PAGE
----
Much of online learning, as with everything else, requires honest, constructive feedback. Administration should regularly solicit feedback from teachers, professors, students, and families, including the collection of data around what’s working and what can be improved. Designating specific times throughout the year for this analysis is crucial to improving systems and pedagogical practices.
How to be better engaged as a learner
Here is a list of tips to help you become more engaged in your study program, regardless of your age and course level.
Eliminate distractions by setting up your workspace and limiting social media.
Find your peak hours
Figure out what times during the day or night you perform best and use those hours to get the most important work done. Some people think best in the morning, while others may find their best work time in the afternoon or even in the evening. This may take some experimentation to figure out when you have the most mental clarity, but working around this can help increase your productivity.
Take frequent breaks
Integrate breaks into your day. One effective method is the Pomodoro technique for time management. Basically, you can set up a timer to work for 25 minutes and break for 5 minutes, and complete several cycles of this until you reach a longer break. Having a personal reward system can be useful in having something to look forward to while completing assignments.
Balance screen time and treat your work day with intention. Allocate time for other priorities and activities such as cooking, eating, cleaning, exercising, catching up with loved ones, and running errands. Spending time on self-care activities will help you stay grounded when the going gets tough.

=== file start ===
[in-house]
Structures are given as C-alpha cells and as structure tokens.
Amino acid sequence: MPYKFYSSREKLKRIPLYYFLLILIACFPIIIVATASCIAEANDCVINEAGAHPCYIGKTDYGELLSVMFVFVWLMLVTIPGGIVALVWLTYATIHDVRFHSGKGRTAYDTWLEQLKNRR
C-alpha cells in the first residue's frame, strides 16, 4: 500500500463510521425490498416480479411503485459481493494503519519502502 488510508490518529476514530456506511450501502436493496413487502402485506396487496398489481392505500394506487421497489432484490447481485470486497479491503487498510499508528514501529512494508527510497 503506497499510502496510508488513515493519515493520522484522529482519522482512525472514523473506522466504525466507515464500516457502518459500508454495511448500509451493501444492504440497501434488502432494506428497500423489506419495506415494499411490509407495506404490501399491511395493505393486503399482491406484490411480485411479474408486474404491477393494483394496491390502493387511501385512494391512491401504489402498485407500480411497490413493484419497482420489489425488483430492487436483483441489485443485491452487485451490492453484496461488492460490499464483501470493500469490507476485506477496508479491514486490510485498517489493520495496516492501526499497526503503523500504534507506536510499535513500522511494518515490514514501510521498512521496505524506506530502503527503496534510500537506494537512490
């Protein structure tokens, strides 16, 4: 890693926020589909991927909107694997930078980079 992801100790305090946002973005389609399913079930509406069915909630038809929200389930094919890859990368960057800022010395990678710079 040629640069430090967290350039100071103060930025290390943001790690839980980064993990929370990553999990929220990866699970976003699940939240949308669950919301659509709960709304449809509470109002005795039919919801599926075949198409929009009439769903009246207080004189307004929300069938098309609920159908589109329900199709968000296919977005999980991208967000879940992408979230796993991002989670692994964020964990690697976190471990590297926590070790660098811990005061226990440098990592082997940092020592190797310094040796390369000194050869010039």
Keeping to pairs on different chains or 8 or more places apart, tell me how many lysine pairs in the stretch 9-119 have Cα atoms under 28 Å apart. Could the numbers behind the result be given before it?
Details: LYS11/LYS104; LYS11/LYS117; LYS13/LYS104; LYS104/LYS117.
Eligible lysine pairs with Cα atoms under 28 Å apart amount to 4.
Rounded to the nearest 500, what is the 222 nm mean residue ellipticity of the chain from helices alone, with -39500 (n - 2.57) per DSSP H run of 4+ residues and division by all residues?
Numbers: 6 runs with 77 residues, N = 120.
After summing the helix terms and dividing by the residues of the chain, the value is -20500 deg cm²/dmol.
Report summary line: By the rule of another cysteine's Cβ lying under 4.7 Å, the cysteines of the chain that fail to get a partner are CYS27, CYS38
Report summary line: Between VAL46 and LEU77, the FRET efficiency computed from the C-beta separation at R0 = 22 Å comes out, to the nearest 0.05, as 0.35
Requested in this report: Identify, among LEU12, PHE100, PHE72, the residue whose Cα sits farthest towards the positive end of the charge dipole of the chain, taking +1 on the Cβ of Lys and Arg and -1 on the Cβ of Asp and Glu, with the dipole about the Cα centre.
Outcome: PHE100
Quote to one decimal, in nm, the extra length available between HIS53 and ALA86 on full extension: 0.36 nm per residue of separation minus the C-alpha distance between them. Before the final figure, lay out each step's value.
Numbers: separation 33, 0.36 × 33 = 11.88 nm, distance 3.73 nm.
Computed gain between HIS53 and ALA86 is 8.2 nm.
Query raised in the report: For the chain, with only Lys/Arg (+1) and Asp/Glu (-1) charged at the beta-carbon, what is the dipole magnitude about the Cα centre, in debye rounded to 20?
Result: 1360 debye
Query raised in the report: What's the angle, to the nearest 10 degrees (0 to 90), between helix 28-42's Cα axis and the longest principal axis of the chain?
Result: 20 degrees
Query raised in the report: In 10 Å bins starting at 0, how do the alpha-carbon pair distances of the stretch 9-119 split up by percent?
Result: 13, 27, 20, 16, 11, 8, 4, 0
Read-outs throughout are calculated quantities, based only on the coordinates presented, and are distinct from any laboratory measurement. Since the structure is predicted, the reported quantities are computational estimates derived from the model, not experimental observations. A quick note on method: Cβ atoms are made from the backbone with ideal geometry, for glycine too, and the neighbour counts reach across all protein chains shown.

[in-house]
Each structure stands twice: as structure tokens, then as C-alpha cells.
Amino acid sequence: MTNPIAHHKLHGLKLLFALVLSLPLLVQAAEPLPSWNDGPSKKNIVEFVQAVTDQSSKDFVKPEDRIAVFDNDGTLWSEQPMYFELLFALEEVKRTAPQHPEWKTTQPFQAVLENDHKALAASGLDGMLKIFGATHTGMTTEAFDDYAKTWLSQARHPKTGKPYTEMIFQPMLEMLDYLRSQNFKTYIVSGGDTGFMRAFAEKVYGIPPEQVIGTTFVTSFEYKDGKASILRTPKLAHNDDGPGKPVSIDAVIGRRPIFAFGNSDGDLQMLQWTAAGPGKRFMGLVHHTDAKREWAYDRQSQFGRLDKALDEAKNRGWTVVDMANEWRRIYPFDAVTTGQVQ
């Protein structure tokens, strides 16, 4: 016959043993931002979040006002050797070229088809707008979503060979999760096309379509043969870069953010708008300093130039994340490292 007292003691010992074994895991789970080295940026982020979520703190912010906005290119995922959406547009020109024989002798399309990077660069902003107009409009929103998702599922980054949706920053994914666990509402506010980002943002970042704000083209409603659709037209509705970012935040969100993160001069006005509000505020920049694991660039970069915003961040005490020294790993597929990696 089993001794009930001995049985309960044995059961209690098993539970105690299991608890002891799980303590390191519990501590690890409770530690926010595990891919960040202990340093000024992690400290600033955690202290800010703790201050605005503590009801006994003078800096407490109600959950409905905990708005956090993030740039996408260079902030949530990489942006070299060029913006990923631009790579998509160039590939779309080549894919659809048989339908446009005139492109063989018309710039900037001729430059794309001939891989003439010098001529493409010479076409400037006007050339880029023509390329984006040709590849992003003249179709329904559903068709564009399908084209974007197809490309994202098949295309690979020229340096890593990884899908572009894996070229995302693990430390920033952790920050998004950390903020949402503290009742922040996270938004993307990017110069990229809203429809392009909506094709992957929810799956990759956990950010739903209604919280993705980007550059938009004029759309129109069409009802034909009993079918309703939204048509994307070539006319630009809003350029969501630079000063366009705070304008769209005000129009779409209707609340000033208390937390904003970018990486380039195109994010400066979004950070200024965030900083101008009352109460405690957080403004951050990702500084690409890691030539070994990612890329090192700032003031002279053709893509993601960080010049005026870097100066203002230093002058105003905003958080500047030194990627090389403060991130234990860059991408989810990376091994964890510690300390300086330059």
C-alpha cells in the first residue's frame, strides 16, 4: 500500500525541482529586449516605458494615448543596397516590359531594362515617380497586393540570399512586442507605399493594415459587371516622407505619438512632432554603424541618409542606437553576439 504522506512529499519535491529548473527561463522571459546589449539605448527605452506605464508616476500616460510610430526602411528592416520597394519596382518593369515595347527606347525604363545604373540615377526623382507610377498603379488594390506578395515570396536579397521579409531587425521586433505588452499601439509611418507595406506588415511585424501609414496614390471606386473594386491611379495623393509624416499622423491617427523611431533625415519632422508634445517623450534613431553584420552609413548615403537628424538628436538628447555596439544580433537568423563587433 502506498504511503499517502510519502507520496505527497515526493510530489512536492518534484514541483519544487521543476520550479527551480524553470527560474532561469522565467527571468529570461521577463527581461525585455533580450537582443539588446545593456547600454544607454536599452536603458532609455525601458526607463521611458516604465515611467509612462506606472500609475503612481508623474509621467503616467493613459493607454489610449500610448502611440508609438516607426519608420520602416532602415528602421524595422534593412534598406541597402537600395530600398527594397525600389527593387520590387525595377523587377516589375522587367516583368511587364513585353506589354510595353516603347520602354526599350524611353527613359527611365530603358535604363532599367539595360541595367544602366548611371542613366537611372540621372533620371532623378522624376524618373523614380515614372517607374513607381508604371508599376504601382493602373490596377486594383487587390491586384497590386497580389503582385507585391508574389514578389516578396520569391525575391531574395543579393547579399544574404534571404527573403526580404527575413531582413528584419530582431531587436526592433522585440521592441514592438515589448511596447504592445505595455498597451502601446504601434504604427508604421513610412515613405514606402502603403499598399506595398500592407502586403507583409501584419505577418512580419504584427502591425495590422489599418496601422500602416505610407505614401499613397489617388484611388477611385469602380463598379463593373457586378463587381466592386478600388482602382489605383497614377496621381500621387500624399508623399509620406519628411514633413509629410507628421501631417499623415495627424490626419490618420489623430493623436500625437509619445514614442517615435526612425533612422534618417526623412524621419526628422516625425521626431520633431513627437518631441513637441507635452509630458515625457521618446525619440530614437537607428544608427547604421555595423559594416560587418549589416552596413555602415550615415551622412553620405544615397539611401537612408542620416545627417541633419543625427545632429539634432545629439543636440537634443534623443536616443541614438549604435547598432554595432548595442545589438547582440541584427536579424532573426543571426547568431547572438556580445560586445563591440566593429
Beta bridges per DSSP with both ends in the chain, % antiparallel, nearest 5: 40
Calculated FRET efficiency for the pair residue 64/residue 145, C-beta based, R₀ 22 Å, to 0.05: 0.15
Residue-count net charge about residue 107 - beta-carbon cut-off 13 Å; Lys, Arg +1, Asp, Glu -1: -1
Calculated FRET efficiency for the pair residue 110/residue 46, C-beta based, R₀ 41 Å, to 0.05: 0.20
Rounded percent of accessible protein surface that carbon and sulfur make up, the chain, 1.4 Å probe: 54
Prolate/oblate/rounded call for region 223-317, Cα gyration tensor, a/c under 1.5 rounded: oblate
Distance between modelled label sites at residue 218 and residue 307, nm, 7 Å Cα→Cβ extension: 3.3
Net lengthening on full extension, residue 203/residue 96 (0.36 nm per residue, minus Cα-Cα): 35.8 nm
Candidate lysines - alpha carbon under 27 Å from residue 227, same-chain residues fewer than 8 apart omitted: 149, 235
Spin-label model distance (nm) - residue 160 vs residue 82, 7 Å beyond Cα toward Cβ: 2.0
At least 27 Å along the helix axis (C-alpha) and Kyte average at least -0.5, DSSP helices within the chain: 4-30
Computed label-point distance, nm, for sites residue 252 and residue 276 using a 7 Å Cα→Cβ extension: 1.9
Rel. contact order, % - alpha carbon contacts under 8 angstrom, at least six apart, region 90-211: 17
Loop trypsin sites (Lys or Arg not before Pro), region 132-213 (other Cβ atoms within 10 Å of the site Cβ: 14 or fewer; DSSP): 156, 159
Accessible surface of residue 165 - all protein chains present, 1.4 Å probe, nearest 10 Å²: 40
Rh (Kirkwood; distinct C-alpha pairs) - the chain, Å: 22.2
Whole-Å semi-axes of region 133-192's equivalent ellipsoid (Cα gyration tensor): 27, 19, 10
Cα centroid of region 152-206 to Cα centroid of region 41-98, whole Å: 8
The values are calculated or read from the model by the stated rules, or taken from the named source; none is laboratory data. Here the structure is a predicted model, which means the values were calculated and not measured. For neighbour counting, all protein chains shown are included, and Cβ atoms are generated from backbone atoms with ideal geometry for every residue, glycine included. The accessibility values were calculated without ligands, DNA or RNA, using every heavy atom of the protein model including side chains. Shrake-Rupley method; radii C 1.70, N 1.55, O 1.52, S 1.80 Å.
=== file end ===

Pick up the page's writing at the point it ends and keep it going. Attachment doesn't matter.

Prepare for your classes
In order to be better engaged in your classes, make sure you know when the deadlines for assignments are and prepare accordingly. It’s easy to procrastinate when we know certain deadlines are seemingly far away, but figure out what is hindering you, and work towards building healthy habits. Reviewing your notes before and after class, formulating questions to ask your teacher or peers, and researching more on the topics will help you identify learning gaps.
Be proactive in asking others for help
Reach out to your teachers and professors for help. Make sure you contact them in the proper communication platform they’ve stipulated. Your teachers or professors may prefer different communication modes, so be mindful about how and when you reach out.
Even with a year into the COVID-19 pandemic, there is much to learn on how to make online learning more effective. The key to adapting to changes is to be flexible and open to feedback from all those involved in education. What is working well? What isn’t? How can we create a better system?
What will post-COVID look like for those in the education field? Video conferencing and online courses are expected to stay indefinitely, as they are now options we must implement in case there is another global pandemic. Online learning makes education more accessible for learners around the globe. Especially for those in rural and disadvantaged communities where schools and universities are lacking in resources, virtual learning gives opportunities for people to explore new learning paths.
Non-profit organizations like edX, ModernStates, Khan Academy, and Coursera, seek to remove barriers of traditional education in terms of cost, location and access. A search online for free or paid courses renders numerous resources and websites to browse. Companies are investing more in providing lifelong learning opportunities, and employees are encouraged to acquire skills that will empower them to be more effective contributors.
Online learning, for profit or not, is here to stay. Let’s work towards creating engaging content and resources that will foster a love for life-long learning.